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From Dominique Devienne <>
Subject RE: Tool to find unused methods
Date Mon, 25 Mar 2002 16:26:12 GMT
Thanks for stating the main caveat of such tools, Drew. Most tools are not
magic bullets, and require proper use and understanding of their internal
functioning. It's up to us to use them diligently. I'm sure the jarmaker (or
whatever it's real name is) folks have thought of that too. At the very
least it's up to you to provide com.lgc.Foo as one the starting point for
the search. And you can always unit test and test the generated JARs once
generated to ensure you didn't miss anything. It's all a matter of

In the question at hand, it was more to remove dead code than to package a
lean Java app anyway. --DD

 -----Original Message-----
From: 	Drew Davidson [] 
Sent:	Monday, March 25, 2002 10:23 AM
To:	Ant Users List
Subject:	Re: Tool to find unused methods

Dominique Devienne wrote:

> I remember there's a Java tools with an ANT wrapper that can generate a
> file with only the pieces needed by an application. You give it a few
> starting classes, and it finds and adds to the JAR all the dependent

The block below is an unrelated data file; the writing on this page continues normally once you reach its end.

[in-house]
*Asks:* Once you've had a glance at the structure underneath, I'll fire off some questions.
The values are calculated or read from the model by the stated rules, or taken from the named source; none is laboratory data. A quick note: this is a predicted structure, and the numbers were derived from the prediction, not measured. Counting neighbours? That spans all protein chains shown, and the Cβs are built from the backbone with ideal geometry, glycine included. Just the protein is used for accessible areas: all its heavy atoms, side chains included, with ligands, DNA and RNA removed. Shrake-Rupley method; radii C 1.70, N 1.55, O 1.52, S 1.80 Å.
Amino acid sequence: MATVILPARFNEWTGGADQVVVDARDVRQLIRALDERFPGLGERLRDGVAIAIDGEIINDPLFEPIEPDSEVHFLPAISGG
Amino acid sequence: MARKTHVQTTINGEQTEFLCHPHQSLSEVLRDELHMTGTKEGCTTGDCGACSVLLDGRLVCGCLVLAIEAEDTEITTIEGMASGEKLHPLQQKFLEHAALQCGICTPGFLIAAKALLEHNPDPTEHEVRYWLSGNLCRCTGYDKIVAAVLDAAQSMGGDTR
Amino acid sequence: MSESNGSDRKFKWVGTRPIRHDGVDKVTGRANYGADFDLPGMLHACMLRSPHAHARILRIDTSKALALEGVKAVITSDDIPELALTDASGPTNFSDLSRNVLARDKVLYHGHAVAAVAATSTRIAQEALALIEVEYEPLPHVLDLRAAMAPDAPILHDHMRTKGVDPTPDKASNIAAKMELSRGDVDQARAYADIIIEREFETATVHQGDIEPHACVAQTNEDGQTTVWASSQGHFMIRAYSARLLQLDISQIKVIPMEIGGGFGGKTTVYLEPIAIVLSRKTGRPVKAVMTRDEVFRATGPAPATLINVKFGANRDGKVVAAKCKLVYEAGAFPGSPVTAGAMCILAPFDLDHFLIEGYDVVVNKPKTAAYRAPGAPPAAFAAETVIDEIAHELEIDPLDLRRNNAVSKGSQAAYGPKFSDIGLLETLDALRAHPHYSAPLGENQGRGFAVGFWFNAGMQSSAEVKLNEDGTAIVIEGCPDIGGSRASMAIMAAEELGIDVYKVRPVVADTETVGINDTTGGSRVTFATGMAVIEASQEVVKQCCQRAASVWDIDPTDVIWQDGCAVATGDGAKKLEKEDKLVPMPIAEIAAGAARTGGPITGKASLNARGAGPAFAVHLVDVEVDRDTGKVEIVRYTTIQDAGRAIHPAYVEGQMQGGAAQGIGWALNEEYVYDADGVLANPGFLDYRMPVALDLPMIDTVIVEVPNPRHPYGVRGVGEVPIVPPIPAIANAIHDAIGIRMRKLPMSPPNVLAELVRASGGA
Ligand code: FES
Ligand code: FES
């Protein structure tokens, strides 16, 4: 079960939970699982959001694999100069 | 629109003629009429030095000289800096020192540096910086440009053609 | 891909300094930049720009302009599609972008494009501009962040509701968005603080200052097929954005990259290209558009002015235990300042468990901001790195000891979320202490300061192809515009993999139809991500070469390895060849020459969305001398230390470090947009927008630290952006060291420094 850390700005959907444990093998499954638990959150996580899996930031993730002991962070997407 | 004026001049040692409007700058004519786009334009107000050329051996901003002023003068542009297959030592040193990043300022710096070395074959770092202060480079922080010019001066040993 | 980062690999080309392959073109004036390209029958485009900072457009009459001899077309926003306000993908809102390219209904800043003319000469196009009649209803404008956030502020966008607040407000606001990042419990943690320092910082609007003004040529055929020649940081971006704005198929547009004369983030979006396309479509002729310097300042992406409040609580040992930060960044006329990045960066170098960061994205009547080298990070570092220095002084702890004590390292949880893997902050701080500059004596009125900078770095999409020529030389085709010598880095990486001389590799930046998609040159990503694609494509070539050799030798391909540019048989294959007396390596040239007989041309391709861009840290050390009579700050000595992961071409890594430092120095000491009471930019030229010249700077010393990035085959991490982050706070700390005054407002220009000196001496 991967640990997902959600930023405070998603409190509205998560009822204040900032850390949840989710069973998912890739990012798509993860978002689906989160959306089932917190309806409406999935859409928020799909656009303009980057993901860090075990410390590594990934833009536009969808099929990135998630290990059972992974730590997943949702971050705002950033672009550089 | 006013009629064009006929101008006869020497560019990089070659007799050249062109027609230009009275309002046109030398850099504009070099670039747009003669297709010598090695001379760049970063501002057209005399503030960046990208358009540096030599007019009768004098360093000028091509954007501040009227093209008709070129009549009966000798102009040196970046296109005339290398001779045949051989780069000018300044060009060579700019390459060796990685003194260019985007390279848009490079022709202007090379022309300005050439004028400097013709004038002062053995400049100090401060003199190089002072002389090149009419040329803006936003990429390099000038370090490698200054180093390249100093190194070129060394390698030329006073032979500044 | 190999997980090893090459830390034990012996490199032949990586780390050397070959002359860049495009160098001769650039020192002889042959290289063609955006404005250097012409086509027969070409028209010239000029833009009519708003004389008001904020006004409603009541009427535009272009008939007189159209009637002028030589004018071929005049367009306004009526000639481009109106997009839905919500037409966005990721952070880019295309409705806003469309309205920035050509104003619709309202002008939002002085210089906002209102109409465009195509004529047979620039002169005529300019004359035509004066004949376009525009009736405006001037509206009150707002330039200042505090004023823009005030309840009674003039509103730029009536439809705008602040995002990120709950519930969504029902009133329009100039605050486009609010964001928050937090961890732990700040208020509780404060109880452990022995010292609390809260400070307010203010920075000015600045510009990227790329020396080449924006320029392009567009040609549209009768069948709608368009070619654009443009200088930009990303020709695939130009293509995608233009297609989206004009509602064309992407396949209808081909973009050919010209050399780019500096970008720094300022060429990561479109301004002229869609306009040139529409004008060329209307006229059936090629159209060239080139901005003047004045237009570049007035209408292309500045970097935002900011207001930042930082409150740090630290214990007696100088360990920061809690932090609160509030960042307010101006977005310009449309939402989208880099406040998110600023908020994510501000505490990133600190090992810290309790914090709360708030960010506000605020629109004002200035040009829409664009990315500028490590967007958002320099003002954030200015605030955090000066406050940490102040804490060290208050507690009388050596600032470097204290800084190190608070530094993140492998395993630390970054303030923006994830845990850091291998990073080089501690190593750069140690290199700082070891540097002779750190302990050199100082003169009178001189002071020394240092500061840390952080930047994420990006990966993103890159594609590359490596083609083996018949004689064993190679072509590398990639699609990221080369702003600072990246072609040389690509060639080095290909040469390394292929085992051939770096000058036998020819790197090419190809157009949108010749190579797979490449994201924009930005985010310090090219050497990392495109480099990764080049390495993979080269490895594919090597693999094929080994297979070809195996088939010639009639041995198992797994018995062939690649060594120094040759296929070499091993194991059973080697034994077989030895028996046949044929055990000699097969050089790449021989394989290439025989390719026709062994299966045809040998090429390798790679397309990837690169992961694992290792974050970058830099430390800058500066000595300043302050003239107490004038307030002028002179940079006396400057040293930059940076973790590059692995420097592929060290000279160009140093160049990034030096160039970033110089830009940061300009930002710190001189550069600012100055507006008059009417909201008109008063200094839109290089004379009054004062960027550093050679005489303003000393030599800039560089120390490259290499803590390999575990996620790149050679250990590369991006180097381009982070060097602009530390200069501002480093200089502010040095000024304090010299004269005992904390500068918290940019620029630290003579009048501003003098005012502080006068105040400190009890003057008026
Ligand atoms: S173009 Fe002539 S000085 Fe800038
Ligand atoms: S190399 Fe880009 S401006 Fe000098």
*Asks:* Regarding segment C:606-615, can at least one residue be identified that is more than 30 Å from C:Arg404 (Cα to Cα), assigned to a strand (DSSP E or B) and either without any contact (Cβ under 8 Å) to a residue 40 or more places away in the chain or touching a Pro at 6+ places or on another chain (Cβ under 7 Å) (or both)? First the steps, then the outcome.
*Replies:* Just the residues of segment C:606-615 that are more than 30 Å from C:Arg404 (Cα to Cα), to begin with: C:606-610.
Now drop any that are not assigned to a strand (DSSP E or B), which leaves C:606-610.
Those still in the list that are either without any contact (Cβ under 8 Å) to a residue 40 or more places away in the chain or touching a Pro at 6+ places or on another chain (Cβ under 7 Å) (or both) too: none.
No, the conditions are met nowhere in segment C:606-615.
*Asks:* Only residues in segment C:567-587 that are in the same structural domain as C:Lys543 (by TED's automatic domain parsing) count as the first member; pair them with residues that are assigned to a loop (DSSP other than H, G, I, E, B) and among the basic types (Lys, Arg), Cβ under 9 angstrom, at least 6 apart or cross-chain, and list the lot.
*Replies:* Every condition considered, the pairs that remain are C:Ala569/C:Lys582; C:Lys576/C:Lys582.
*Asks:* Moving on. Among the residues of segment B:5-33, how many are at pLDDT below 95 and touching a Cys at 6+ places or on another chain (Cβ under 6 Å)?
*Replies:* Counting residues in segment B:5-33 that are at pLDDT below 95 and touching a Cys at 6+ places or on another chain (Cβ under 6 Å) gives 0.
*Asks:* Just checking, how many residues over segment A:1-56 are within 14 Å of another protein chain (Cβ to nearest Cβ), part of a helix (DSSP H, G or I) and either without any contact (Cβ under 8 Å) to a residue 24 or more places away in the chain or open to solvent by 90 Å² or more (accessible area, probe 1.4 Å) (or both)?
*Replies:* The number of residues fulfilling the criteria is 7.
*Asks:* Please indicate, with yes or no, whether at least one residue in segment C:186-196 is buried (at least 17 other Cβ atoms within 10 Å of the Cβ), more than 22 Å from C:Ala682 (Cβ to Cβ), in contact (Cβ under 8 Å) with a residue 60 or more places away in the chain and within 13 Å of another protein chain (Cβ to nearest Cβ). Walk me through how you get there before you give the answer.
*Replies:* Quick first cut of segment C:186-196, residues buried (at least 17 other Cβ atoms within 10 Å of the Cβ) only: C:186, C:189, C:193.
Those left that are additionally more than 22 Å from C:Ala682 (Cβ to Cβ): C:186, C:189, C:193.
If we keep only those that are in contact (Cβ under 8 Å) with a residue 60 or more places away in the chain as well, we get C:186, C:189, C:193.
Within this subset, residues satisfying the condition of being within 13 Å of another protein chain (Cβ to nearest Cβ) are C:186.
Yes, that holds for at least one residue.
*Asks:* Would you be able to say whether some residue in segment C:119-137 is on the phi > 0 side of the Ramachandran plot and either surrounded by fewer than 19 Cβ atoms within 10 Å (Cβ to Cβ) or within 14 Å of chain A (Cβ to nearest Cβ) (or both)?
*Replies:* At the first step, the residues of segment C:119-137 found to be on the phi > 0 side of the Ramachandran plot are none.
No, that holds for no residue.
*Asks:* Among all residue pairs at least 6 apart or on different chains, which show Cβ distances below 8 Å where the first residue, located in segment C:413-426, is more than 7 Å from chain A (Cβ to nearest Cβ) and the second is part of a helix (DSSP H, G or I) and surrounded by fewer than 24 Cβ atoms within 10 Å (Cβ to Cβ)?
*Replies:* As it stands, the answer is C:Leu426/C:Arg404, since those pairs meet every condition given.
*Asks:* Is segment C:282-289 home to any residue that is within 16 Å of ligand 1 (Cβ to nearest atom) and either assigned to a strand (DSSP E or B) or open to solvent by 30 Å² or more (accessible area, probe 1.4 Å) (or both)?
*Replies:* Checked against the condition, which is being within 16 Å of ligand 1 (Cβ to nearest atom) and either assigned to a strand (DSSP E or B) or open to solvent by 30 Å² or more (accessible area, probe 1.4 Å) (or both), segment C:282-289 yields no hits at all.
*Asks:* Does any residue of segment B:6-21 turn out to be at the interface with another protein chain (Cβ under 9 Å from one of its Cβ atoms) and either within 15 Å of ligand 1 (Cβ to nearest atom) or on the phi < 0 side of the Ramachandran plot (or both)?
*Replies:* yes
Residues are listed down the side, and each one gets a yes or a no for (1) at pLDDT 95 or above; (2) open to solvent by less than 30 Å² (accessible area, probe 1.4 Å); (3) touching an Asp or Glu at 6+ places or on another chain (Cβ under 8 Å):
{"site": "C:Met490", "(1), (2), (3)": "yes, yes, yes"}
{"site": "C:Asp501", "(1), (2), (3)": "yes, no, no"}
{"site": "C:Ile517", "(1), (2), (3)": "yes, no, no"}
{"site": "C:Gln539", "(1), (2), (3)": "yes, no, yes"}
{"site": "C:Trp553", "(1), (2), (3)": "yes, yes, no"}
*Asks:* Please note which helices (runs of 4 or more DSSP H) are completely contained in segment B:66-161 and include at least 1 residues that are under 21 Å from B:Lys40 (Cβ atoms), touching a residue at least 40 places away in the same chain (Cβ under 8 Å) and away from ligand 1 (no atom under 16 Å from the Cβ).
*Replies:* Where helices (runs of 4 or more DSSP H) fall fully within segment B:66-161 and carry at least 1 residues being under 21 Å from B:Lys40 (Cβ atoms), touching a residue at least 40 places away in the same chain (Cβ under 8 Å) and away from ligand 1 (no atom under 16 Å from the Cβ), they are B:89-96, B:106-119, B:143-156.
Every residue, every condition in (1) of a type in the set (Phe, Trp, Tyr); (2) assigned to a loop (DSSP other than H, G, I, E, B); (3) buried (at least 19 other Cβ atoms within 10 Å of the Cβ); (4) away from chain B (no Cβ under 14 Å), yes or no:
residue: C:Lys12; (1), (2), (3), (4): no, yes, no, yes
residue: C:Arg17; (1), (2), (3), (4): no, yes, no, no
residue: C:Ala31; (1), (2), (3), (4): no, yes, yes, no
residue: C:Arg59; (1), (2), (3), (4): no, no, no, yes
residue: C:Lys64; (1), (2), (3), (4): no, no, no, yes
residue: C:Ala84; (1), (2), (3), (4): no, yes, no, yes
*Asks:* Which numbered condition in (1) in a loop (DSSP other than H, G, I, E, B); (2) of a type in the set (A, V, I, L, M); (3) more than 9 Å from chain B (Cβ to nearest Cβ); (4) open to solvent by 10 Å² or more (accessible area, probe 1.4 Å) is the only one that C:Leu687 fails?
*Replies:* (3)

> classes. I believe it's on sourceforge, but I can't remember its name.
> the closest I can think of your problem. The granularity is at the class
> level, since concerns itself with generating JARs, but maybe it can be
> at the method level???
> Also, you might use Jakarta's BCEL to parse class files, including the
> of methods.
> Something you might try is to use javap.exe to convert the class file in
> ASCII, and grep/seach it!?!?!?
> I hope this helps. --DD

I generally wouldn't want to use such tools in any code for which you don't
have intimate knowledge because java allows lots of dynamic behaviour wrt
loading.  I can do:


without having to import, so a dependency analysis based on
will fail to add to the jar.

- Drew

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